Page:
Antitrust & Competition Policy Blog

Editor: D. Daniel Sokol
University of Florida
Levin College of Law

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Friday, January 7, 2011

Collusion and the Choice of Auction: An Experimental Study

Posted by D. Daniel Sokol

Jeroen Hinloopen, University of Amsterdam, Tinbergen Institute and Sander Onderstal, University of Amsterdam, Tinbergen Institute provide insights on Collusion and the Choice of Auction: An Experimental Study.

ABSTRACT: We experimentally examine the collusive properties of two commonly used auctions: the English auction (EN) and the first-price sealed-bid auction (FPSB). In theory, both tacit and overt collusion are always incentive compatible in EN while both can be incentive compatible in FPSB if the auction is repeated and bidders are patient enough. We find that the auctions do not differ in subjects’ propensity to collude overtly and in the likelihood that subjects defect from a collusive agreement. Moreover, the average winning bid does not differ between the auctions unless subjects can collude overtly. Under overt collusion, stable cartels buy at a lower price in EN than in FPSB resulting in a lower average winning bid in EN.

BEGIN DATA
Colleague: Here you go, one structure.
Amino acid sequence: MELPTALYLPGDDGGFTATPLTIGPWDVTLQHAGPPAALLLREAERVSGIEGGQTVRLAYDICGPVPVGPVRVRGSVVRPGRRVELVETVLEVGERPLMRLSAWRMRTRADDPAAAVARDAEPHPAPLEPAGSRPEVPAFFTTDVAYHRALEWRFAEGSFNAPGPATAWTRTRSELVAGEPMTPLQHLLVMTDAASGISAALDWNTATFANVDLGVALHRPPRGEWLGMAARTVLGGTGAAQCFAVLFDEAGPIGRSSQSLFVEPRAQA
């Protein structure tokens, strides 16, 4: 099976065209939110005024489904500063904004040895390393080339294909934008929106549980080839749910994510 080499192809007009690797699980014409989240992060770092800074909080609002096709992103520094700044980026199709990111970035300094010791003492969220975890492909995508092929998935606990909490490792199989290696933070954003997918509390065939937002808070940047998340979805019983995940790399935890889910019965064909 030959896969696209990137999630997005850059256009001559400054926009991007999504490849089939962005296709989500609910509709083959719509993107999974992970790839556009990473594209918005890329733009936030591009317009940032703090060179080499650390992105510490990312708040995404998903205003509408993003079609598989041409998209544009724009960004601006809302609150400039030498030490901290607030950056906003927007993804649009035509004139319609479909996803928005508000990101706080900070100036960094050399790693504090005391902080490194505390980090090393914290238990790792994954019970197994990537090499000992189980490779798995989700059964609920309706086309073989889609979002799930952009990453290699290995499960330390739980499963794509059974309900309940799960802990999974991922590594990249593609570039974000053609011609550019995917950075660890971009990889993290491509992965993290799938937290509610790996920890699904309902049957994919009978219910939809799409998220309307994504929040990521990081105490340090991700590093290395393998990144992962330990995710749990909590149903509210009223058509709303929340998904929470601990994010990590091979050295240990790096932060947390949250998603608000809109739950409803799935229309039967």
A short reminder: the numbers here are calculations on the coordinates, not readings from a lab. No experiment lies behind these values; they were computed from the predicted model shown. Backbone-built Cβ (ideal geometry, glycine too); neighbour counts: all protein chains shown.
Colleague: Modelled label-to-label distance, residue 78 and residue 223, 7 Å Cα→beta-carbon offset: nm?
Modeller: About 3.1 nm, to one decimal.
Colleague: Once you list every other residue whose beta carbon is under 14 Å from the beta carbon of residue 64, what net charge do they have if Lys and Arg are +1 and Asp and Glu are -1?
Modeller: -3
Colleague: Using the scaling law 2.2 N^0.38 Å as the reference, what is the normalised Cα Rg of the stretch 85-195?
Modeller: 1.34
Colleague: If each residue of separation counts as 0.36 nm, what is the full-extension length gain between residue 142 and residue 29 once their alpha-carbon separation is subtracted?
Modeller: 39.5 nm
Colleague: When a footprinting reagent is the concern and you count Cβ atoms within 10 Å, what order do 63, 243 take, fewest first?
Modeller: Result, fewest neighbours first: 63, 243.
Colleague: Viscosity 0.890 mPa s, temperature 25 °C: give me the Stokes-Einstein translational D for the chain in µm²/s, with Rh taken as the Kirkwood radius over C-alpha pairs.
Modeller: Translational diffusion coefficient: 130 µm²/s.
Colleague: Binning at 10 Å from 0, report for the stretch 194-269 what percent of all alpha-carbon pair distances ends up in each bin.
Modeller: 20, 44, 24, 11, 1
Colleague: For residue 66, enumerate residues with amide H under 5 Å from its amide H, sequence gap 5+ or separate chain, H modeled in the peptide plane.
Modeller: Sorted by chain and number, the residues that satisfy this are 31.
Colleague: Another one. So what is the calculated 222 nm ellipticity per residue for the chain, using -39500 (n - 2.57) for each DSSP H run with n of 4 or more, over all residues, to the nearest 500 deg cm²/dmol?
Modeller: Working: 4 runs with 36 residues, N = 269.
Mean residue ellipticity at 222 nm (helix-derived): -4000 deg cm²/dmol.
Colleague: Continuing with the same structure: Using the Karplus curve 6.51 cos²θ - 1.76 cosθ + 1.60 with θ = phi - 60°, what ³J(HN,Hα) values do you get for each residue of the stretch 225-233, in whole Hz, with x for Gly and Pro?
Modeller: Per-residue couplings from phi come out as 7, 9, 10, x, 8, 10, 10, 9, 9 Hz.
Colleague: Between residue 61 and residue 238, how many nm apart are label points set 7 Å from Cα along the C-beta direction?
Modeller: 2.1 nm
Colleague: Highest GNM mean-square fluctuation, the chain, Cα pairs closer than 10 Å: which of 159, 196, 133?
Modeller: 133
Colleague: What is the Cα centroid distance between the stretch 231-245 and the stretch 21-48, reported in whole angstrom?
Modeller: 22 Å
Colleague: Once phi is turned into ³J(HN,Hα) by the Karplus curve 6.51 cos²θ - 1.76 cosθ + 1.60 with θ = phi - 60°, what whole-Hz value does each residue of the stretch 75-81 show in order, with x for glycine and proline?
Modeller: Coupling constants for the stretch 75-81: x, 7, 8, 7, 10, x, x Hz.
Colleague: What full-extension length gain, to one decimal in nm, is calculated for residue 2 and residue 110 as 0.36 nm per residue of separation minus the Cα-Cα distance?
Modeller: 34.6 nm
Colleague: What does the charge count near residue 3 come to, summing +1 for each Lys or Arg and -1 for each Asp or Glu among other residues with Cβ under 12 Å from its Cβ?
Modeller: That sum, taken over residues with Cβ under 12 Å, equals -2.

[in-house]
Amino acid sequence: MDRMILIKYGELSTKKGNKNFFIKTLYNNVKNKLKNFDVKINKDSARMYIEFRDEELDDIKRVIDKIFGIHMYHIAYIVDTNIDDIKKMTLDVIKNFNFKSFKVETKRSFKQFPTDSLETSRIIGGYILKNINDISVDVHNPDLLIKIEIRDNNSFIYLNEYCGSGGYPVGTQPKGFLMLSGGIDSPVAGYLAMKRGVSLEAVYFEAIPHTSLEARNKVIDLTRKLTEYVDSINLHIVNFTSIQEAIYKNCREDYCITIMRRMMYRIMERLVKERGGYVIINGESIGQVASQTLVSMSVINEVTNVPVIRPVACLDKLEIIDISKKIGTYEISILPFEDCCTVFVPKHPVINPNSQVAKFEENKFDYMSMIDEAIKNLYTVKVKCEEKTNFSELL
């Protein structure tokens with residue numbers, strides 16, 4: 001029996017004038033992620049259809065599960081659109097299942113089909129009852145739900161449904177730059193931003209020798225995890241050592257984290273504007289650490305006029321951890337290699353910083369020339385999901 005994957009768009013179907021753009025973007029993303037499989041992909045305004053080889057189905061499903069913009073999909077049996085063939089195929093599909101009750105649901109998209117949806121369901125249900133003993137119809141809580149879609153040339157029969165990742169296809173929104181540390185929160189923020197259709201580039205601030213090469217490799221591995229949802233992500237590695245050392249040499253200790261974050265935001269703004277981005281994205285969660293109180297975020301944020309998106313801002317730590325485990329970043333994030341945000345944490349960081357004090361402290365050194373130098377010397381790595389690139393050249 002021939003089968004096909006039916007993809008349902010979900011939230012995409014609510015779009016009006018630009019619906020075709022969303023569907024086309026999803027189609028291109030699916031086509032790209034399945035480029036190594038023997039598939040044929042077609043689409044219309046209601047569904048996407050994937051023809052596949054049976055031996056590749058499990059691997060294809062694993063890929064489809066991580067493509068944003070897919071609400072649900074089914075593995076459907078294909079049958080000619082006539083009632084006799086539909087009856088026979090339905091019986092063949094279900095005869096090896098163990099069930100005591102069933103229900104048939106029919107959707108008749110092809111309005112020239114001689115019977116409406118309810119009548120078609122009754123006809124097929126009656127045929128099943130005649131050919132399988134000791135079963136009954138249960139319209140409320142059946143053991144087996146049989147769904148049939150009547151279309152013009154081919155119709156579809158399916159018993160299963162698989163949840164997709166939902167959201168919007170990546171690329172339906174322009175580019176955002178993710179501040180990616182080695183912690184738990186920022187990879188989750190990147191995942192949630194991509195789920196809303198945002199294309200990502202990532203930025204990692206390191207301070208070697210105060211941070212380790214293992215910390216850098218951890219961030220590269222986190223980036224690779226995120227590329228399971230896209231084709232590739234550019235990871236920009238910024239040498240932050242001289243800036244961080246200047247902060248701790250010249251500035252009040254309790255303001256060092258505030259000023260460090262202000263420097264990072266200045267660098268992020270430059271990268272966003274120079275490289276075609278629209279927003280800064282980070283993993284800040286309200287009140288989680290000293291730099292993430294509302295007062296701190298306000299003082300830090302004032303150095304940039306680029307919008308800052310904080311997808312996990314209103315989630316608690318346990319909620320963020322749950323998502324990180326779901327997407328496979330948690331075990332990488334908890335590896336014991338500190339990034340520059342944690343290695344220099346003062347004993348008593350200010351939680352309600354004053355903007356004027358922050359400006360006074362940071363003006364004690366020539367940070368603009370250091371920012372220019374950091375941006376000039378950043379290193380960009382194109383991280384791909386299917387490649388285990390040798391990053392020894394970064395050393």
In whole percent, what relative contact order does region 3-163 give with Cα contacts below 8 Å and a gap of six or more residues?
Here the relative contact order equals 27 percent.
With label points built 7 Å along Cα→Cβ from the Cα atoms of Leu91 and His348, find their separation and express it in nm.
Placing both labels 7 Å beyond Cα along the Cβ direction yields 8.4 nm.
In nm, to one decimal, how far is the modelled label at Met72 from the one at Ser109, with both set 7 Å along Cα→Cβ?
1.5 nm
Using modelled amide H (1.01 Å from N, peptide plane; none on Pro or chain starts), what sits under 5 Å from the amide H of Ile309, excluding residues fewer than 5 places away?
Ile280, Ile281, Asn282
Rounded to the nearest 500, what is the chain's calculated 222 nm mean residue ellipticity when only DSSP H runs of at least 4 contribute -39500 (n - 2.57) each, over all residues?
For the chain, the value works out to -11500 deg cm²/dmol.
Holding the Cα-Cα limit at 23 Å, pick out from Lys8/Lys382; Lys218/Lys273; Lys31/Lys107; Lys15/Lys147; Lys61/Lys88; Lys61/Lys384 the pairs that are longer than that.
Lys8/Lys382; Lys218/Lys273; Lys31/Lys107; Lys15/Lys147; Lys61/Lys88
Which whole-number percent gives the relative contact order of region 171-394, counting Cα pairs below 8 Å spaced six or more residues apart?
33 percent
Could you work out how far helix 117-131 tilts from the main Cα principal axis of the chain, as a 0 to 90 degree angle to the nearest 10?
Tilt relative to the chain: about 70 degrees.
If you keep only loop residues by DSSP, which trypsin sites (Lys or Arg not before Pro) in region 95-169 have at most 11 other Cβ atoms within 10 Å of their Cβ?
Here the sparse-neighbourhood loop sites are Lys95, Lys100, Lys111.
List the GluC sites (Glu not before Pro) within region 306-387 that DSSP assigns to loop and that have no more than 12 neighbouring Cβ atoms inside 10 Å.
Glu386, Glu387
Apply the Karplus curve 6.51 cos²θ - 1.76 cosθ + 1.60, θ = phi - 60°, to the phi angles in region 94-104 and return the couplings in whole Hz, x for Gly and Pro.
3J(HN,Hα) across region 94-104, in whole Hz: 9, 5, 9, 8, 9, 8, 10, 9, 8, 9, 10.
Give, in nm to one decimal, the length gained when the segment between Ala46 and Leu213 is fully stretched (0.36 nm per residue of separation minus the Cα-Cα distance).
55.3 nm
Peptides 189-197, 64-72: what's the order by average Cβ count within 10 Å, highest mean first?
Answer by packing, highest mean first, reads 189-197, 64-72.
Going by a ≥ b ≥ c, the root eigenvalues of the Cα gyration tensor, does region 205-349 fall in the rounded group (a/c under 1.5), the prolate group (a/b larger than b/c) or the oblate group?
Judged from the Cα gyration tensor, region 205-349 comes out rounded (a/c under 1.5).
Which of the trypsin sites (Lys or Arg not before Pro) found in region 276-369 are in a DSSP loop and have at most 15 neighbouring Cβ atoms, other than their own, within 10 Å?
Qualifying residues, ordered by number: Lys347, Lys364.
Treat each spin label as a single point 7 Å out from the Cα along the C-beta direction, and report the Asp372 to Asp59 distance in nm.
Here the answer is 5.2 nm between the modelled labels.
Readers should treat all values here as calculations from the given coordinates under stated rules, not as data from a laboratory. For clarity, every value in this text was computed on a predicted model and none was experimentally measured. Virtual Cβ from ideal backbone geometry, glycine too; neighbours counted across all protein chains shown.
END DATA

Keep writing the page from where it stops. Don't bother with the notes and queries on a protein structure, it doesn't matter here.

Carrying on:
http://lawprofessors.typepad.com/antitrustprof_blog/2011/01/collusion-and-the-choice-of-auction-an-experimental-study-.html

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